The science of improvement is to ask the fundamental questions shown in the diagram and then to iterate through the Plan-Do-Study-Act cycle. [Institute for Healthcare Improvement] Iteration is defined by Merriam-Webster as "a procedure in which repetition of a sequence of operations yields results successively closer to a desired result." This is not a randomized clinical trial, but it is the scientific method. As Donald Berwick put it, "Did you learn Spanish by conducting experiments? Did you master your bicycle or your skis using randomized trials? . . . Broadly framed, much of human learning relies wisely on effective approaches to problem solving, learning, growth, and development that are different from the types of formal science so well explicated and defended by the scions of evidence-based medicine." [Broadening the view of evidence-based medicine]

The process of improving Haz-Map has gone on for over 20 years. First it was a hobby, and in 2007, it became a full-time job. I took a two-year sabbatical in 1994-96 to work on Haz-Map while completing a fellowship in Occupational Medicine at the University of Washington. When I first started adding data to Microsoft Access from the NIOSH Pocket Guide in 1993, I found a book that helped me to answer the first question in the diagram:

"Intelligent databases are databases that manage information in a natural way, making information easy to store, access and use."
"Early maps only showed a few well-known features like the "Pillars of Hercules" (the modern Straits of Gibraltar) or the island of Sicily. Once the map was outlined in terms of its major features, succeeding generations of mapmakers filled in the details, and the coast-lines, mountains and river systems slowly became more precisely defined. Similarly, the concentric designer begins by sketching out the main features, based on the key constraints, and then successively elaborates these until the details are crystallized." [Parsaye & Chignell. Intelligent Database Tools and Applications. 1993]

Friday, March 22, 2013

Structure-Activity Relationships and the Classification of Chemicals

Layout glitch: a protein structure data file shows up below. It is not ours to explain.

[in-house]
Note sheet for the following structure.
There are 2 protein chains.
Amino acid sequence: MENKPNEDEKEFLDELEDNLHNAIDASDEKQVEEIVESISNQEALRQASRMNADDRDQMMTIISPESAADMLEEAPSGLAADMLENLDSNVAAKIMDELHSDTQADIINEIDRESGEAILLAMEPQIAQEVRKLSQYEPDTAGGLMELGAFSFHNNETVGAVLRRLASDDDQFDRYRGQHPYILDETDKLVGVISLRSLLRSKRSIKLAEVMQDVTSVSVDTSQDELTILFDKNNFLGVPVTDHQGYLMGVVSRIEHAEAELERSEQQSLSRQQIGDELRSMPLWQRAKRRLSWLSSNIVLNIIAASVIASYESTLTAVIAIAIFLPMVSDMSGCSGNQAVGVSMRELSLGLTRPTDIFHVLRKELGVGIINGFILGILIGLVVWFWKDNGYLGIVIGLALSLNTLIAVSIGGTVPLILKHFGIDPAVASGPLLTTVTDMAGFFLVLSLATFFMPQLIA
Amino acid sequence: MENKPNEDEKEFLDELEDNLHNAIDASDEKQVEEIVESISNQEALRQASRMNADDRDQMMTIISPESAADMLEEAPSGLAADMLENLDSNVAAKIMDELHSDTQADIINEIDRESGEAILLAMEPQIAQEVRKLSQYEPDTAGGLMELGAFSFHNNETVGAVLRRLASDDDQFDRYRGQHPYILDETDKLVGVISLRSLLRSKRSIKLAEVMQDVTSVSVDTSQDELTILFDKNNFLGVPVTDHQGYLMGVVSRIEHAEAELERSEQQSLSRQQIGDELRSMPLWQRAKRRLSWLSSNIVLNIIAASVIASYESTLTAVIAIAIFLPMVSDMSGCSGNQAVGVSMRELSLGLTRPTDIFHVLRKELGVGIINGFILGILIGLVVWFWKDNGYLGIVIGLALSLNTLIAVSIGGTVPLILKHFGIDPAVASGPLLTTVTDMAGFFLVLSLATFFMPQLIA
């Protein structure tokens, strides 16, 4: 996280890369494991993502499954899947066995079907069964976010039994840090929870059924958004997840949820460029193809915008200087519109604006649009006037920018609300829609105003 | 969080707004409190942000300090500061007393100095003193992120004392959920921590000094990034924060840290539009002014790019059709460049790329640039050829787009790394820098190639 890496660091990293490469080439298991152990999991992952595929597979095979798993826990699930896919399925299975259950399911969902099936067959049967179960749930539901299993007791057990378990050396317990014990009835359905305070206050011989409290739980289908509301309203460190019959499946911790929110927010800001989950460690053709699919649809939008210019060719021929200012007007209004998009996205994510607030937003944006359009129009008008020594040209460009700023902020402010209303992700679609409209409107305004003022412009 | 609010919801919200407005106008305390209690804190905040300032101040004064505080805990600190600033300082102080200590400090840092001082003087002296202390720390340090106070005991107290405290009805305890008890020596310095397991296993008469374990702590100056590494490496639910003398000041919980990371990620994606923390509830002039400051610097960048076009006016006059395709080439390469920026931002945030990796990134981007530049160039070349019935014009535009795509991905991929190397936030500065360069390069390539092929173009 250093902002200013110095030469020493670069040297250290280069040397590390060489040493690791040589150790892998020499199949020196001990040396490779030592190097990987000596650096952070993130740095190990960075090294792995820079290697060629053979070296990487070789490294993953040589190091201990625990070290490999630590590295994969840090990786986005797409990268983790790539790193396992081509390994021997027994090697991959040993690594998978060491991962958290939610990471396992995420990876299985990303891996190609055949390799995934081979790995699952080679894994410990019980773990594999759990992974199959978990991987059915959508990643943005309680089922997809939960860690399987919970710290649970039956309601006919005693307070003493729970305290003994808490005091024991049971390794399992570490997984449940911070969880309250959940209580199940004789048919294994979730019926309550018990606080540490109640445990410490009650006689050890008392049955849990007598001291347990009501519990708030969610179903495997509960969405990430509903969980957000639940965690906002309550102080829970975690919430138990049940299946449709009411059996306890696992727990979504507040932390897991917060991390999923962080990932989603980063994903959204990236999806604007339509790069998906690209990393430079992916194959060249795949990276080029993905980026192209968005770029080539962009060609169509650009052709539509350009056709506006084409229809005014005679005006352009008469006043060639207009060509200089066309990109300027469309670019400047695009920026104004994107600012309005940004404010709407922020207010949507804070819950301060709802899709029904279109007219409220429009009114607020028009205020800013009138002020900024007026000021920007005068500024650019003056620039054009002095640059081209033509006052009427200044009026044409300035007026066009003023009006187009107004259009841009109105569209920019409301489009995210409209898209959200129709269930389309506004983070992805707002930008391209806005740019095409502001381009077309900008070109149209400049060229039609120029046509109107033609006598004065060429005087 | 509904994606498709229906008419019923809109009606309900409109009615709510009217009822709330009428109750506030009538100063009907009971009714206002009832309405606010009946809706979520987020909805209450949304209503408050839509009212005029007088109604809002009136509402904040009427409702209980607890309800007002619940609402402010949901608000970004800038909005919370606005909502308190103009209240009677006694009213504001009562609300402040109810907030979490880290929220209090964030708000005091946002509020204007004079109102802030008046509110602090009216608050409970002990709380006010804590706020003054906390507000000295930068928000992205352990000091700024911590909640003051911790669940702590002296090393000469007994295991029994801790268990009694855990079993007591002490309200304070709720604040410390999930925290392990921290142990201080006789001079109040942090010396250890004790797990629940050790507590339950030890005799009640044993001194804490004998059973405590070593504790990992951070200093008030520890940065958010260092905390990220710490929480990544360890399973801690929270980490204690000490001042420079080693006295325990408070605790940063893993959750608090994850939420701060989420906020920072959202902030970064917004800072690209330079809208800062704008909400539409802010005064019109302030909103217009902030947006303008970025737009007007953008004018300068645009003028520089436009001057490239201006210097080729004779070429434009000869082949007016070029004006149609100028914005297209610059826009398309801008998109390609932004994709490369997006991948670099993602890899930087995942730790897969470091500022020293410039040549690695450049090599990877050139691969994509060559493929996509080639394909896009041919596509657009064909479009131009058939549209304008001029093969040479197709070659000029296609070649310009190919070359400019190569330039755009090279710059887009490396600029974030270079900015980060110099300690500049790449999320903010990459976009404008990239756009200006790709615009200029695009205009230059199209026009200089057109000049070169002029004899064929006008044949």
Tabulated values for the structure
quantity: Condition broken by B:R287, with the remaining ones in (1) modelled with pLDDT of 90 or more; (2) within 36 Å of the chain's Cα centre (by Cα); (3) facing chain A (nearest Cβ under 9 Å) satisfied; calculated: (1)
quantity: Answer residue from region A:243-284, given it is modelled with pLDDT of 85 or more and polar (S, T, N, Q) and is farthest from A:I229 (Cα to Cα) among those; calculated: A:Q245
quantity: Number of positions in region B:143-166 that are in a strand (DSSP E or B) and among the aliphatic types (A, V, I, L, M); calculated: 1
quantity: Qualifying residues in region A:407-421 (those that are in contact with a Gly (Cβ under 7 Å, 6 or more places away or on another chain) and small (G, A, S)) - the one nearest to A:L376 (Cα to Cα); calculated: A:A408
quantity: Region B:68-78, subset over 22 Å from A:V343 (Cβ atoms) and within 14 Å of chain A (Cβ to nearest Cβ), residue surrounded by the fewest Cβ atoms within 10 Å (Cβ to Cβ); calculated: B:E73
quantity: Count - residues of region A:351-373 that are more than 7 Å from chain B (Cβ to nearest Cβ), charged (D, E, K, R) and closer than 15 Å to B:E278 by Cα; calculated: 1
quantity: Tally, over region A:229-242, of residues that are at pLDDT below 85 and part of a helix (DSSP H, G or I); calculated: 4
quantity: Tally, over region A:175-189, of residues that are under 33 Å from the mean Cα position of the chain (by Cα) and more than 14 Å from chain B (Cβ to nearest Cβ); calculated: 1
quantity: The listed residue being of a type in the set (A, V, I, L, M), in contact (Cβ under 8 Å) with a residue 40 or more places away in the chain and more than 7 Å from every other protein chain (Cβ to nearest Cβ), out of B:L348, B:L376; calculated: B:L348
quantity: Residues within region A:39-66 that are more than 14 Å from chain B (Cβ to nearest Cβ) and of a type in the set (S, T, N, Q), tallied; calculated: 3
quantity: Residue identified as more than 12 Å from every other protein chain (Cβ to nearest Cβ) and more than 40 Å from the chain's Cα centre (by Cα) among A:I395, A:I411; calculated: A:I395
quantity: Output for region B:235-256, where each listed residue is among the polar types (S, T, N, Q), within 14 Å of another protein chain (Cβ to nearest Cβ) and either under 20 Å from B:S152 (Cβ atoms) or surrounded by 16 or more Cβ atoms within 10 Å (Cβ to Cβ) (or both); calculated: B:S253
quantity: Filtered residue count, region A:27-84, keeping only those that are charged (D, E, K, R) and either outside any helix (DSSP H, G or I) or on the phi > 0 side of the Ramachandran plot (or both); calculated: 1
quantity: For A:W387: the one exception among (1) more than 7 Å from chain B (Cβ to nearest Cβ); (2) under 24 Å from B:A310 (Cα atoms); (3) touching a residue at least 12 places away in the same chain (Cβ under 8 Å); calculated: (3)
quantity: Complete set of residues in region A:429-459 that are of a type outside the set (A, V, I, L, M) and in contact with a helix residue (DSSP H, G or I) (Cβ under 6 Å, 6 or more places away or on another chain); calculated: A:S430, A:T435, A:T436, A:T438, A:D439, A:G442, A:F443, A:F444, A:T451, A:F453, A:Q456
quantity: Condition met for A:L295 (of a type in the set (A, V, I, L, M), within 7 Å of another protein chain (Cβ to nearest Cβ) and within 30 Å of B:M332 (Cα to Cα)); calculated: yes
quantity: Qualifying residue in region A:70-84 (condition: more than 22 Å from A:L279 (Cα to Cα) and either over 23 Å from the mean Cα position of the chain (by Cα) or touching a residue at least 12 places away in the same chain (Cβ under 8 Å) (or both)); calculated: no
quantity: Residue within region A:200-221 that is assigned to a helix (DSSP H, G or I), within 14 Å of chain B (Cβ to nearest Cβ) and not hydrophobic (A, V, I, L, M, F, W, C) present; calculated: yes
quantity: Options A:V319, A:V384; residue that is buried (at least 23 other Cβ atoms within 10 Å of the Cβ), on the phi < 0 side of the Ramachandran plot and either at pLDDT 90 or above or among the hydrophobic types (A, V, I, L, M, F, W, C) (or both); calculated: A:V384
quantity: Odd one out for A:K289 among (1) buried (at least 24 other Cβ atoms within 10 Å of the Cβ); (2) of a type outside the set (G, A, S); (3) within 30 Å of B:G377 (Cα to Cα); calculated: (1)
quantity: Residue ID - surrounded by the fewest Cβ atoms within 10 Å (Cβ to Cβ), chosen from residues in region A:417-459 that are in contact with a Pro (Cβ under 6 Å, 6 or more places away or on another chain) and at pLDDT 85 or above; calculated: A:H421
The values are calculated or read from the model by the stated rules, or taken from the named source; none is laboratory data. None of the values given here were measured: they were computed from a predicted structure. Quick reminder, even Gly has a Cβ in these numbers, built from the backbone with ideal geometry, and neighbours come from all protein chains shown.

Haz-Map has been published on the National Library of Medicine (NLM) website since 2002. In 2003, there were 1237 chemicals in Haz-Map, including all regulated by OSHA and published in Documentation of the TLVs and BEIs, 7th Ed. by ACGIH (American Conference of Governmental Industrial Hygienists). Since 2006, the author has been contracted by the US Department of Labor to work full-time to add chemicals to Haz-Map. The count was 5723 in 2010 and is currently 7438. At current rates for completing profiles, the count by the end of this year will be 11,480.

Haz-Map can be seen as a research project to explore what we know and don't know about the thousands of chemicals to which workers are exposed, with application to environmental toxicology as well. In adding chemicals to Haz-Map, the structures of new chemicals are compared to the structures of well-known chemicals already in the database. Most of the new chemicals added can be classified as members of a class. There are now 250 classes (Categories) of chemicals in Haz-Map under 12 Major Categories. It is basic logic that members of a class inherit the properties of that class.

In summary, Haz-Map is a research project to publish the established occupational health effects of hazardous chemicals and to study the structure-activity relationships of workplace chemicals. Such research can help to classify chemicals for the prevention of occupational and environmental diseases.

Sunday, March 17, 2013

With Sufficient Force, Something Happens

In toxicology and pharmacology, the most important factor is the dose. The impact of a poison or drug depends upon its mass and how quickly it is absorbed and excreted. Without sufficient dose, there is no adverse effect (toxicology) or no therapeutic effect (pharmacology).

Paracelsus (1493-1541) was the first physician to understand this concept based on his experiments, "All substances are poisons; there is none that is not a poison. The right dose differentiates a poison, and a remedy." In his experiments, he plotted what we call today "dose-response relationships." Such experiments determine the percentage of organisms or systems that respond to chemicals at increasingly higher doses. Below a certain threshold dose, no adverse effects or therapeutic effects are observed.

The existence of a dose-response relationship strengthens the evidence for a causal relationship between the chemical and the disease. This is fairly simple to do for acute effects like carbon monoxide poisoning. With increasing doses above the threshold dose, increasing number of experimental animals have adverse effects. The dose-response relationship is also important in determining causality in chronic diseases, for example, the fact that moderate smokers have intermediate risks for lung cancer compared with nonsmokers and heavy smokers.